Before I go on, I want to test my circuit. I set up everything on a breadboard and measure the voltages at the outputs. It works perfectly. Next step is to plan the PCB layout and to route the wires.

Step 3: Layout and Soldering

Now it's time to put the circuit into a layout for the PCB. You can easily switch in eagle cad to the layout view. It takes some time and experience to place everything in the right position. There are few rules I try to follow. The capacitors should be as close to the pins of the ICs as possible. The whole design should be compact but still easy to solder. I try to separate the two circuits visually and to apply some kind of symmetry. Another important rule is to minimize the crossing over of wires, which means to minimize the number of bridges you will need. Consider the heat, which is produced by your parts, especially by the ICs.

In this case you can see my result in the foto above. I need one wire bridge (the red line). You may achieve a different version, but that is okay. There is no right solution. Just try to apply as many features, I've mentioned before, as possible to the layout.

Next step is to solder everything on a PCB. PCB is not the right word here. PCB means printed circuit board. I don't print anything. I solder it by hand with wires and not traces. But you can send your design to a company, which provides such services. Or you can do it at home. There are some technics to this. Just check instructables.com, I guess you will find some examples.

My board has a width of 35 mm (1.38") and a length of 46 (1.81") mm.

Step 4: Measurements

Congratulations, you are done. The power supply is finished and can be used for your projects.

The last thing to do, but this is completely optional, is to measure the quality of the power supply. There should be no difference, if you use the same design and the same parts. I use a digital oscilloscope to measure the output voltage without and with a load. The third measurement shows to performance during the moment a load is applied to the output.

Step 5: 3.3V Output Without Load

There is no load applied to the 3.3V output port. The voltage has a small noise of +/-10mV. There is no voltage drop. This is more than enough for my purposes.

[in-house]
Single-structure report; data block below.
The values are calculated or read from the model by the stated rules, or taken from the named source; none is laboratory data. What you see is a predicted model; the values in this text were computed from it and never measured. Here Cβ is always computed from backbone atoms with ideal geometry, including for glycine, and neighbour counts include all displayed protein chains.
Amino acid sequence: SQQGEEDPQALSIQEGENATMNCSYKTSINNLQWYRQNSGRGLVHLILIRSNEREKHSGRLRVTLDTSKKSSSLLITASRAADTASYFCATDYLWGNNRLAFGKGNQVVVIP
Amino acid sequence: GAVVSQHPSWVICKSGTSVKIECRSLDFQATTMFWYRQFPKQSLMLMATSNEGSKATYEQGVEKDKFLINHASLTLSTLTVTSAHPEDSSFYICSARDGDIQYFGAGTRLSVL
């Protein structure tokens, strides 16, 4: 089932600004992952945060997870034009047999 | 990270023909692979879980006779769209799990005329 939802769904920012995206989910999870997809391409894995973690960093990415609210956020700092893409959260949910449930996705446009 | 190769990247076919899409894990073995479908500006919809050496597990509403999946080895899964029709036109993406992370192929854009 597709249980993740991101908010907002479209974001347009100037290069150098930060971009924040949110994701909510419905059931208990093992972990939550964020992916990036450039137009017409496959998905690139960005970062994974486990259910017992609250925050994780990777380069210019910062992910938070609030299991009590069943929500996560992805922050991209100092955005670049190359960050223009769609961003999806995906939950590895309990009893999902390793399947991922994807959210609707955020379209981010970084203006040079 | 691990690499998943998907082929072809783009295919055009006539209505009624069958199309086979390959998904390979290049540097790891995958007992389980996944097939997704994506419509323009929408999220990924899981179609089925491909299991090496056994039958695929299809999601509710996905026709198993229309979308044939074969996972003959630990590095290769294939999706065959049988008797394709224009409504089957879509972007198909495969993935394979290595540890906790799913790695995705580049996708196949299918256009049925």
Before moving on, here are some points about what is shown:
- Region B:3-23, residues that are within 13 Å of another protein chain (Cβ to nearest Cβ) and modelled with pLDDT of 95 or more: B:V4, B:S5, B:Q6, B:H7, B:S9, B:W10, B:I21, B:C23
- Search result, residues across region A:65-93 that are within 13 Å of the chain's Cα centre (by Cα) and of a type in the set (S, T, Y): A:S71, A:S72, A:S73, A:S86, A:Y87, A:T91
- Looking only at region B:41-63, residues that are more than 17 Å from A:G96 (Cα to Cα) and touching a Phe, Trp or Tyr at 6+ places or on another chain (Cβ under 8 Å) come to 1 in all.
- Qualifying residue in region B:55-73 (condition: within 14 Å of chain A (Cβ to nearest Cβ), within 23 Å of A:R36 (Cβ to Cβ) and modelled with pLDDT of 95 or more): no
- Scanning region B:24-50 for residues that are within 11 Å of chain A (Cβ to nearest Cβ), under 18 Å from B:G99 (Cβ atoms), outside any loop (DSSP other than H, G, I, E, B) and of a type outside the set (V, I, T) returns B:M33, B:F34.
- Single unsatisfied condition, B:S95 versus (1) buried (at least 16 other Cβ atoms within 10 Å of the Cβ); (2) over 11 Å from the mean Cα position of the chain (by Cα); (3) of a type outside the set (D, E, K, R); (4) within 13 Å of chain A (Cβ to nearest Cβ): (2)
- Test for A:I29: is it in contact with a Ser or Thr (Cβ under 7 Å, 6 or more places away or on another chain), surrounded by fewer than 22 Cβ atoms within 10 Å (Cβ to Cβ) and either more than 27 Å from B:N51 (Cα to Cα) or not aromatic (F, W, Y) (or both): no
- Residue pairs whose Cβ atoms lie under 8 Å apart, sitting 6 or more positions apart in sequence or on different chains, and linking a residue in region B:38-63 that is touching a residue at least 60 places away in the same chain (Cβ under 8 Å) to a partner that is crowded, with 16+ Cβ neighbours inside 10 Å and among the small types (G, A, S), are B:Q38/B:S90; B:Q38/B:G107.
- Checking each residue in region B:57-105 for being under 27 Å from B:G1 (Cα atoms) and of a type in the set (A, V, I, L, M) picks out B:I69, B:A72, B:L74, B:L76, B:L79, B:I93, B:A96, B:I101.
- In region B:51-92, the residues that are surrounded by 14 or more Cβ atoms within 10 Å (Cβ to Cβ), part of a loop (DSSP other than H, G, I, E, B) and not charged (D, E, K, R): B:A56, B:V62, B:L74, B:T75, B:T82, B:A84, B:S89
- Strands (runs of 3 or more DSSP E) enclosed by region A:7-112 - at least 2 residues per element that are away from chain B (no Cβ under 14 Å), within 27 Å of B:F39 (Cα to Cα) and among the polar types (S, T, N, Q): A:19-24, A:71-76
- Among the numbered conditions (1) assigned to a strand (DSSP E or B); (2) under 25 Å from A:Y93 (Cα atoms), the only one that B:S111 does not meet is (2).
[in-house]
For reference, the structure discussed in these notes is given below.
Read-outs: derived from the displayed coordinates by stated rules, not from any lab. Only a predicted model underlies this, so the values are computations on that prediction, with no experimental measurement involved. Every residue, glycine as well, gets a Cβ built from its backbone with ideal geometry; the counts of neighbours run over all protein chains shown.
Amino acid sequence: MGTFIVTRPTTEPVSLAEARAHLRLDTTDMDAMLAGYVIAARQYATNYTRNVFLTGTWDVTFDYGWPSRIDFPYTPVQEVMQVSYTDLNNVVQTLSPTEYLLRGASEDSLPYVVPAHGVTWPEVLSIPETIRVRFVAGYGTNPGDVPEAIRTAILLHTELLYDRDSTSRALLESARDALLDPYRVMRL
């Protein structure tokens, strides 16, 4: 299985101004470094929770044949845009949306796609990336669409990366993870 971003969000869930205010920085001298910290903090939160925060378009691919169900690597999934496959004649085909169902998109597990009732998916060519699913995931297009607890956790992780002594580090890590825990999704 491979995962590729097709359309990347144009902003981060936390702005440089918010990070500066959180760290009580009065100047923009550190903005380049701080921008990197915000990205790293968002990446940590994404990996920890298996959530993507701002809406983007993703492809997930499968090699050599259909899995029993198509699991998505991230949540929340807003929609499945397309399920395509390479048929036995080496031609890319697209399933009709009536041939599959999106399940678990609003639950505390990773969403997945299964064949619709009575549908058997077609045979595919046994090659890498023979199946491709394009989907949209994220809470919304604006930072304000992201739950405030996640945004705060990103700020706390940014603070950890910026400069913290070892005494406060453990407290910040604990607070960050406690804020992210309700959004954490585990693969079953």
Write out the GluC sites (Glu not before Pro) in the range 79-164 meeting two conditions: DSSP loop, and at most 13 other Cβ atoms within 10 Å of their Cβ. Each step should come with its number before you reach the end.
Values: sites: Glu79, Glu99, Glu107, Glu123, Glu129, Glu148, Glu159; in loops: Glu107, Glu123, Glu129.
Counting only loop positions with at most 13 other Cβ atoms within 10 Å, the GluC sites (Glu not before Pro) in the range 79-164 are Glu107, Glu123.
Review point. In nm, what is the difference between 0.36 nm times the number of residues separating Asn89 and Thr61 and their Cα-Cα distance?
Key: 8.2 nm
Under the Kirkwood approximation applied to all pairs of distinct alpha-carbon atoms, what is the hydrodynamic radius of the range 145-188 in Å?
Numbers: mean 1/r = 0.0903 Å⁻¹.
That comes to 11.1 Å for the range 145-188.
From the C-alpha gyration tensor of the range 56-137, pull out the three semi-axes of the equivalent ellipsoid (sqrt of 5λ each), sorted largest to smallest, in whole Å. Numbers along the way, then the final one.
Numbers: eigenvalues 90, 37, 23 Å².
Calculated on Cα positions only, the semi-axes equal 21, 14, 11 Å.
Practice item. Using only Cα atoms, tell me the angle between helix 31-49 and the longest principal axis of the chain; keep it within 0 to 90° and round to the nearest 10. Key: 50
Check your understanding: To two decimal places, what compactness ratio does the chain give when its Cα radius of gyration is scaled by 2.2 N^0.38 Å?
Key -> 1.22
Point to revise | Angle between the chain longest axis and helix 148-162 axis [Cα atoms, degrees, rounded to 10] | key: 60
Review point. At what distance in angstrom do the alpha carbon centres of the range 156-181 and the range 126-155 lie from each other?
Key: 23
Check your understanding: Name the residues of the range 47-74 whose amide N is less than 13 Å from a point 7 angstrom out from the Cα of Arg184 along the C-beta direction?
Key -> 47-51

Step 6: 3.3V Output With a Load of 330mA

In this setup I want to measure the performance of the power supply under a load. The simplest way to apply a load is to use a resistor. I use a big 10 Ohm resistor. Make sure you have one, which can handle some power. I use a resistor which can handle 4 Watts. It's pretty big.

V = R*I --> I = V/R --> I = 3.30V / 10Ohm --> I = 0.33A

I apply a load of 330mA. The noise level is the same +/-10mV. There is a small voltage drop as well of 20mV. This is still enough for my purposes.

Step 7: 3.3V Output With a Load Switch to 330mA

The noise level and the voltage drops are important for a power supply. Another important criteria is the behavior during the switching process. I use a MOSFET to switch between two loads (from small to big). The MOSFET is triggered by a function generator with a square-wave signal. This signal is used to trigger the oscilloscope as well.

The noise level is the same +/-10mV. The voltage drops immediately a bit. There is no resonance or big amplitude.

Step 8: Conclusion

The power supply suites my requirements. The voltage is smooth with less noise. The small voltage drop under heavy load is negligible. The process of switching the loads does not interfere with the performance.

I hope you enjoyed the small instructables :)

Participated in the
Power Supply Contest